If you are starting out as a waxer, you want to buy the best wax kit you can afford, and then keep it clean to protect your investment. Here’s what you need to know on how to clean wax warmer pots.
How to Remove Wax from Wax Warmer
Place the warmer on a level, heat-resistant, and stain-resistant surface.
Typically, you needn’t remove the wax from the warmer to clean the unit. The wax should be kept clean because you should never double-dip the applicator into the wax. If you do want to know how to remove wax from warmer, the simplest way to get hardened wax out is to turn the warmer on until it is melted but not so hot that it will spill easily.
Regular Cleaning of the Outside of Your Warmer Pot
By keeping your wax pot clean, you will prevent wax build-up and sticky residue. Taking the time to clean the exterior of your wax pot after each client will make you a more professional waxer and keep your pot like new for the future. A messy-looking wax heater pot will not instill confidence in your clients about the hygiene of your salon, and not only looks bad but also can spread bacteria.
Here are the steps to safely and effectively clean a wax pot:
- You want to clean off any old wax residue from the outside of the pot. While the wax is still warm, you can use a waxing strip with a bit of baby oil to remove any drips. Dried-on cold wax will need a bit more hard work, which can be easier with a wax cleaner.
- You can clean your wax warmer for waxing thoroughly at the end of each day. If it’s been off for a while, you’ll want to warm the pot before cleaning it to make the job easier.
NOTE: Do not heat your pot without wax in it as the device can overheat, causing the wax melting burner to fail.
- If you want to remove all the wax from the inner chamber, heat up your wax pot warmer to a slightly higher temperature than normal. Heat until the melted wax is a thin consistency.
Remove the inner bucket and carefully pour the melted wax into a container for disposal or storage. If the wax is clean (meaning no double-dipping with applicators), sterilize the transfer container first with either rubbing alcohol or boiling water before pouring the wax in it. You can buy an affordable and reusable wax holder to store wax in by searching for “waxing bowl” online.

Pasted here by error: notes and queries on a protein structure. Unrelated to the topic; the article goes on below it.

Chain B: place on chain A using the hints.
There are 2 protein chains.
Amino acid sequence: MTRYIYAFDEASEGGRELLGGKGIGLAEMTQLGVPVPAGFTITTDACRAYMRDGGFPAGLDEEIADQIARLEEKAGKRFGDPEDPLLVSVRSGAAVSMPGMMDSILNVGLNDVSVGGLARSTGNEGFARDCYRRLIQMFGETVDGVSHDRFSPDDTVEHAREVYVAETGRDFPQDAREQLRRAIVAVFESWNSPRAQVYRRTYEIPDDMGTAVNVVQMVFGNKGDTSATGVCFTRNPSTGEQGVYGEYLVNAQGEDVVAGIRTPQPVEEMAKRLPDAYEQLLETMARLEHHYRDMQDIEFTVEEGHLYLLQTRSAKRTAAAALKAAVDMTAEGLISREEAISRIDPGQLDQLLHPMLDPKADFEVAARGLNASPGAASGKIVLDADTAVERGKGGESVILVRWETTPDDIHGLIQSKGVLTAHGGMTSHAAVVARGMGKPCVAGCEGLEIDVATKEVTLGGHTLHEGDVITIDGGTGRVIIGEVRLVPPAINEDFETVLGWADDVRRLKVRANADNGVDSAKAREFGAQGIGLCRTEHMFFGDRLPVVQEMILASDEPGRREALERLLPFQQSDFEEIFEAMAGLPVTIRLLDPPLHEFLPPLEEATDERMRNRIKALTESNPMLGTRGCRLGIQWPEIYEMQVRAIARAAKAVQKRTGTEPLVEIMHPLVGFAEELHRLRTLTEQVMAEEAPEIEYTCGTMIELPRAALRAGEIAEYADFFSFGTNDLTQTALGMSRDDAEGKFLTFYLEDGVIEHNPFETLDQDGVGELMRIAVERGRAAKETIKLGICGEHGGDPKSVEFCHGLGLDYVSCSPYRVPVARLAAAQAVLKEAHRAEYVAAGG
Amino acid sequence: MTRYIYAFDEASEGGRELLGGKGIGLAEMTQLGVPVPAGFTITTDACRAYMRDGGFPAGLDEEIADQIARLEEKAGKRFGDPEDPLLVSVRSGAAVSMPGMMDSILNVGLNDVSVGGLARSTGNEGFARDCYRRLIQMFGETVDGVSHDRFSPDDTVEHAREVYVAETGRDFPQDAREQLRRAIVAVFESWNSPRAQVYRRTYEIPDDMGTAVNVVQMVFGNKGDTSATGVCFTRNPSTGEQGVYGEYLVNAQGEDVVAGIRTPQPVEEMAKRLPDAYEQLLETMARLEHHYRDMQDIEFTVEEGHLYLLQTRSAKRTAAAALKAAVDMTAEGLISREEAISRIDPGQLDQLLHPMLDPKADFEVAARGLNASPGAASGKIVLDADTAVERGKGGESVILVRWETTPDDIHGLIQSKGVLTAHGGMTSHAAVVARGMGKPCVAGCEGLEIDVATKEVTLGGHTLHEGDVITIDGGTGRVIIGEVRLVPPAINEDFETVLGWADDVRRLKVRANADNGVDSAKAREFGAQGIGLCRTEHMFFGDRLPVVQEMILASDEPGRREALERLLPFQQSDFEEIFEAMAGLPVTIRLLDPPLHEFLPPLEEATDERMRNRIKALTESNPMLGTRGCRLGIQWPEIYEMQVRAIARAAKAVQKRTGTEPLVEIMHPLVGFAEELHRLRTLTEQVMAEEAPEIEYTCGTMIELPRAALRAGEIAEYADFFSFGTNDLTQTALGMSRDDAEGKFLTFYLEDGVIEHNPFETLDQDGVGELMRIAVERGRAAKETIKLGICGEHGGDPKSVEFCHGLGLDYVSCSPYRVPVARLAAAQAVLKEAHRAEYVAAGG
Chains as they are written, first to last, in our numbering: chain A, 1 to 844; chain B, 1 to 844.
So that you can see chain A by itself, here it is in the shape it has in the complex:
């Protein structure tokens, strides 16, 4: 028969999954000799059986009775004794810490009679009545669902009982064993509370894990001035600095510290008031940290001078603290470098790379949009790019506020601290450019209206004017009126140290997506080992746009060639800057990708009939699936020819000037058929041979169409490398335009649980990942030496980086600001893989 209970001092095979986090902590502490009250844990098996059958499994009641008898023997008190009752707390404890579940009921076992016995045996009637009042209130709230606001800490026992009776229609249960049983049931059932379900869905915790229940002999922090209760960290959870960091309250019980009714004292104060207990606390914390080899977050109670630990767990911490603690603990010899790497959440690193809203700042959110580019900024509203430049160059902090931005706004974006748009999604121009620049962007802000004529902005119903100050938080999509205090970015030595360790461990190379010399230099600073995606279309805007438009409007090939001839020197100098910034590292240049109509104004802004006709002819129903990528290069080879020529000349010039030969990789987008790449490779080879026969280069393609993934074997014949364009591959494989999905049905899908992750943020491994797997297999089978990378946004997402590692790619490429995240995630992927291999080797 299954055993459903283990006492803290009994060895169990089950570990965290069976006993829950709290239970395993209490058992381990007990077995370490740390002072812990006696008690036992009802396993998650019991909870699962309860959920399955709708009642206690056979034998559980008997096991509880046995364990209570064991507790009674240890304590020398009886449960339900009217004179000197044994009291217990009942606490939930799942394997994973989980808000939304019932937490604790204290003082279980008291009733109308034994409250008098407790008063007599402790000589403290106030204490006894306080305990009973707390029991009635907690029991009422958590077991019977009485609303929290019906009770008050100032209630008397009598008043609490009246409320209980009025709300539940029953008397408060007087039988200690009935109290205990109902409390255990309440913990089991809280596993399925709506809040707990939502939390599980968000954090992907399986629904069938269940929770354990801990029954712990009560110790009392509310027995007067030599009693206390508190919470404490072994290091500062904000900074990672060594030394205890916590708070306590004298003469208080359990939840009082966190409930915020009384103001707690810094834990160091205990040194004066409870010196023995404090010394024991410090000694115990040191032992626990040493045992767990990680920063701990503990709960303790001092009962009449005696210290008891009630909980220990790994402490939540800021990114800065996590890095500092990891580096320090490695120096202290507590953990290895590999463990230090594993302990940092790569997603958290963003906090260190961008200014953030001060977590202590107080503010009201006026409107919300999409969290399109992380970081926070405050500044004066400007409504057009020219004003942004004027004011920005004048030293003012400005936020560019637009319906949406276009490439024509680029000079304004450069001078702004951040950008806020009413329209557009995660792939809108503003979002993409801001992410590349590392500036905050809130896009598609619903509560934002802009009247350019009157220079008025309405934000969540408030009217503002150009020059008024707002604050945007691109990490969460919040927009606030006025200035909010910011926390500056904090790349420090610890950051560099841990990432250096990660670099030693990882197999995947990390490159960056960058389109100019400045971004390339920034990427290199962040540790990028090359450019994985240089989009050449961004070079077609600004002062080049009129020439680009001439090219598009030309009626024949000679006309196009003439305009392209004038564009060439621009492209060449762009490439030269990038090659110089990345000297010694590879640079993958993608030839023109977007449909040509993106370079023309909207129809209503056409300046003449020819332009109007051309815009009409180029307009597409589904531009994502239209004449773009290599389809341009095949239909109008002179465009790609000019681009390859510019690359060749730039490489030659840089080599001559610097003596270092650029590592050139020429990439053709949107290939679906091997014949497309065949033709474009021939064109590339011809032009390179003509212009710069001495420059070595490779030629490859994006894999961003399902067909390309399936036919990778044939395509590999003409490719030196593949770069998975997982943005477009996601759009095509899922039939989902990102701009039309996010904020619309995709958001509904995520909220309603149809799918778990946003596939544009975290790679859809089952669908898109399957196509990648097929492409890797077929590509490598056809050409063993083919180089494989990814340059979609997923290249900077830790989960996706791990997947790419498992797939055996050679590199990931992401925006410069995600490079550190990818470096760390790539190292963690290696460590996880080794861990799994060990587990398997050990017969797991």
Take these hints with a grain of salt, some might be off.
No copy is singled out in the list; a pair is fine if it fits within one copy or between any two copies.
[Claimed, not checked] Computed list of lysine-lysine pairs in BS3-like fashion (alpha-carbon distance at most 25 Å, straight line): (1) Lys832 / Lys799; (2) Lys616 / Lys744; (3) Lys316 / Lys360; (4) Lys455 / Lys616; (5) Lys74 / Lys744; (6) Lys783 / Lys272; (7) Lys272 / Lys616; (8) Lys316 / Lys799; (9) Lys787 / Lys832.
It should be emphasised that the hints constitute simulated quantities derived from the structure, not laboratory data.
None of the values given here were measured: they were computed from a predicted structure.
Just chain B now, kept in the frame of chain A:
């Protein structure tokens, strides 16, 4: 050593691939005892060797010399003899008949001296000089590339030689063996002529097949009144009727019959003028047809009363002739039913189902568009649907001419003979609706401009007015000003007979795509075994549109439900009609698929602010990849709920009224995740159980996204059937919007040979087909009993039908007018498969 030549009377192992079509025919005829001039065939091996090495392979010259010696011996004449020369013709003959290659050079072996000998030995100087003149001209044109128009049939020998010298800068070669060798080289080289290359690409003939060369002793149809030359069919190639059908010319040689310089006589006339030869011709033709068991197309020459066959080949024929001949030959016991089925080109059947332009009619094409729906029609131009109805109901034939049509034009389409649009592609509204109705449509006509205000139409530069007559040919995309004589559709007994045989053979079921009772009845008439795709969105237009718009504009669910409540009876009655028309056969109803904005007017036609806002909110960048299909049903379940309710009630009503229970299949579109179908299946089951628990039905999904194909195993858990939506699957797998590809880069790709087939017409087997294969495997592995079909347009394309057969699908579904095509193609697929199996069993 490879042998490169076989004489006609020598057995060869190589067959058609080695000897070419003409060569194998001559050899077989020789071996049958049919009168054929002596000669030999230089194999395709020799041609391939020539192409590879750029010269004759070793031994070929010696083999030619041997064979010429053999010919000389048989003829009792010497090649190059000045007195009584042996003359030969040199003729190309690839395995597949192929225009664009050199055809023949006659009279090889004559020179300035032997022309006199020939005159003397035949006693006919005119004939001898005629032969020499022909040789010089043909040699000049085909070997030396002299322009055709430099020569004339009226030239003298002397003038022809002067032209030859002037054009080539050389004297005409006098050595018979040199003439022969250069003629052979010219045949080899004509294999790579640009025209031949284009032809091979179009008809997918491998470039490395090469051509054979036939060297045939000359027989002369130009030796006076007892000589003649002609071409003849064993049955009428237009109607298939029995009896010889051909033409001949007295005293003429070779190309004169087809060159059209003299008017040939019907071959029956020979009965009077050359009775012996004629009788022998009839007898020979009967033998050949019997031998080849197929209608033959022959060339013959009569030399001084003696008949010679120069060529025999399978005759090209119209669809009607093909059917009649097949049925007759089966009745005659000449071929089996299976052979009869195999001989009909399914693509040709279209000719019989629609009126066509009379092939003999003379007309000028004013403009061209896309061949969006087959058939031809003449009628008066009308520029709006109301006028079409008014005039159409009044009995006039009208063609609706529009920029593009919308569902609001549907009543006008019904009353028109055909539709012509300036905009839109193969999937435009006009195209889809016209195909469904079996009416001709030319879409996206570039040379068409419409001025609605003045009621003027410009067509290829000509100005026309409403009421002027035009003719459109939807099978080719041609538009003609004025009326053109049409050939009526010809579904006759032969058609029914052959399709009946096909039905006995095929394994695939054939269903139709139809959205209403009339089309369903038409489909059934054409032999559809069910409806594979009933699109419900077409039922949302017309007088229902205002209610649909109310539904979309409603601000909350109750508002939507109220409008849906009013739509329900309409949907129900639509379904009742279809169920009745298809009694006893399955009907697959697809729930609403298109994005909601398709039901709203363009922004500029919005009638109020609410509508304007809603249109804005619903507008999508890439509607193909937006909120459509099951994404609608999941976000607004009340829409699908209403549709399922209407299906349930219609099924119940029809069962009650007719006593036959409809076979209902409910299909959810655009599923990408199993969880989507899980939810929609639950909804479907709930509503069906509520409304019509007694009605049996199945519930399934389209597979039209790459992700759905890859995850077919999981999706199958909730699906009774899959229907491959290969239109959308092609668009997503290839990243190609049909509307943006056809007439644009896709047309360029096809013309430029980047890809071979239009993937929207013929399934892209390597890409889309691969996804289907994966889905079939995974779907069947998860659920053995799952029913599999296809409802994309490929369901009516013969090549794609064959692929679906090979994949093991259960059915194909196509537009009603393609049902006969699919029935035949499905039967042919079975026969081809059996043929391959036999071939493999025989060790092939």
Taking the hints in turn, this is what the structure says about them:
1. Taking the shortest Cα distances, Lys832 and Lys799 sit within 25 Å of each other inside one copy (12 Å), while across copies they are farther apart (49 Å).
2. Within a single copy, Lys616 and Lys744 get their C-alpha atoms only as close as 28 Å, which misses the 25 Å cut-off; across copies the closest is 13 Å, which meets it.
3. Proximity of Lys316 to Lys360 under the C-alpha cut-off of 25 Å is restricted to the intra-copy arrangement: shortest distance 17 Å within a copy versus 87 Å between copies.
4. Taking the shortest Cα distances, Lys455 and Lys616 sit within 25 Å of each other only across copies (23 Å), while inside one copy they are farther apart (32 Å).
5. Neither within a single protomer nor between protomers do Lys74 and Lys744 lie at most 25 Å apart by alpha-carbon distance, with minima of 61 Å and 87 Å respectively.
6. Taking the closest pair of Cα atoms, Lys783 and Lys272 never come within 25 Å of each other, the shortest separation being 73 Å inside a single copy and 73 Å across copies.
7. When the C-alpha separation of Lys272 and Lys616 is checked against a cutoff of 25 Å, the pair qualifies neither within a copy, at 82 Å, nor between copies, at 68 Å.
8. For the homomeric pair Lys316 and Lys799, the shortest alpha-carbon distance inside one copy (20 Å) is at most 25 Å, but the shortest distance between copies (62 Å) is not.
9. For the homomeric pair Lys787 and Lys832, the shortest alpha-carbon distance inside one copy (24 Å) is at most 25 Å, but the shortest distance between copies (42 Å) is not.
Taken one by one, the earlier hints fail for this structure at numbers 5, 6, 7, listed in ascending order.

- If the wax is old, then you need to dispose of it correctly. Do not pour liquid wax or wax cleaners down the drain, as doing so will damage pipes and block the drain when the wax solidifies.
- Continue cleaning by allowing the mostly empty inner container bucket to cool down slightly. If the pot is too hot, a liquid cleaner will smoke, and you don’t want to inhale the evaporated steam from the cleaner. You want it just warm enough to melt the wax.
- Pour in whichever cleaner you are using, such as mineral (baby) oil or a ready-made wax cleaner, into the container, and allow some of the wax to be dissolved away. Gigi SureClean all-purpose cleaner available from Sally Beauty is a good option.
- Some beauticians use cotton pads or paper towels to soak up the liquid, but purists advise against this. Swirl a clean wax strip around the chamber with a disposable wooden applicator stick or use a new kitchen spatula, so you don’t burn your fingers. Continue swabbing up the inner sides.
- You may want to repeat some steps until you get rid of all the old wax.
- When the chamber is cooler, lift it completely out, and clean the bottom. Rubbing alcohol can be used to clean up excess oil but only use it on the metal chamber, not the exterior of the pot.
- Use a wax solvent or oil to clean inside the bottom of the pot and any stray wax from the exterior of the pot. Be sure to wipe down the inside with a waxing strip or paper towel. Sterilize the inner bucket with boiling water or rubbing alcohol (do not use on the plastic outer pot because, over time, it will cause it to crack.
Tips and Takeaway
Now that you know how to clean a wax warmer, you will get quicker at it. As you wax more, you will be able to avoid drips. Here are some additional tips:
- Using inexpensive and disposable paper collars around your wax pot can guard it against inevitable drips and stains.
- Take care when cleaning to make sure the pot’s off, and the wax has cooled sufficiently so that you don’t burn your fingers. For safety, wear protective gloves like black nitrile gloves when cleaning out a wax pot just in case.
- Avoid getting wax on clothing or other surfaces. If you need to how to remove body wax from surfaces other than the waxing pot, you can try icing it to remove most of the wax, following it with wax cleaner or baby oil on hard surfaces.
- You may wonder what to do with old wax melts or wax beans. They don’t expire like hair coloring, although they could lose their scent after prolonged storage. Keep unused wax in a relatively cool environment free from dust.
- If you want to know how to remove body wax from surfaces, try applying wax equipment cleaner sparingly to a cloth to break down the wax and remove it from carpet, counters, clothing, etc. Follow with plain water on a cloth to remove product residue.
- Oily wax equipment cleaner is an essential wax accessory to cut down on time cleaning your body wax warmer.
- A wax warmer for waxing body hair is different from the wax melting burner used for wax melts for releasing fragrances, but you can use the same device for an eyebrow wax machine.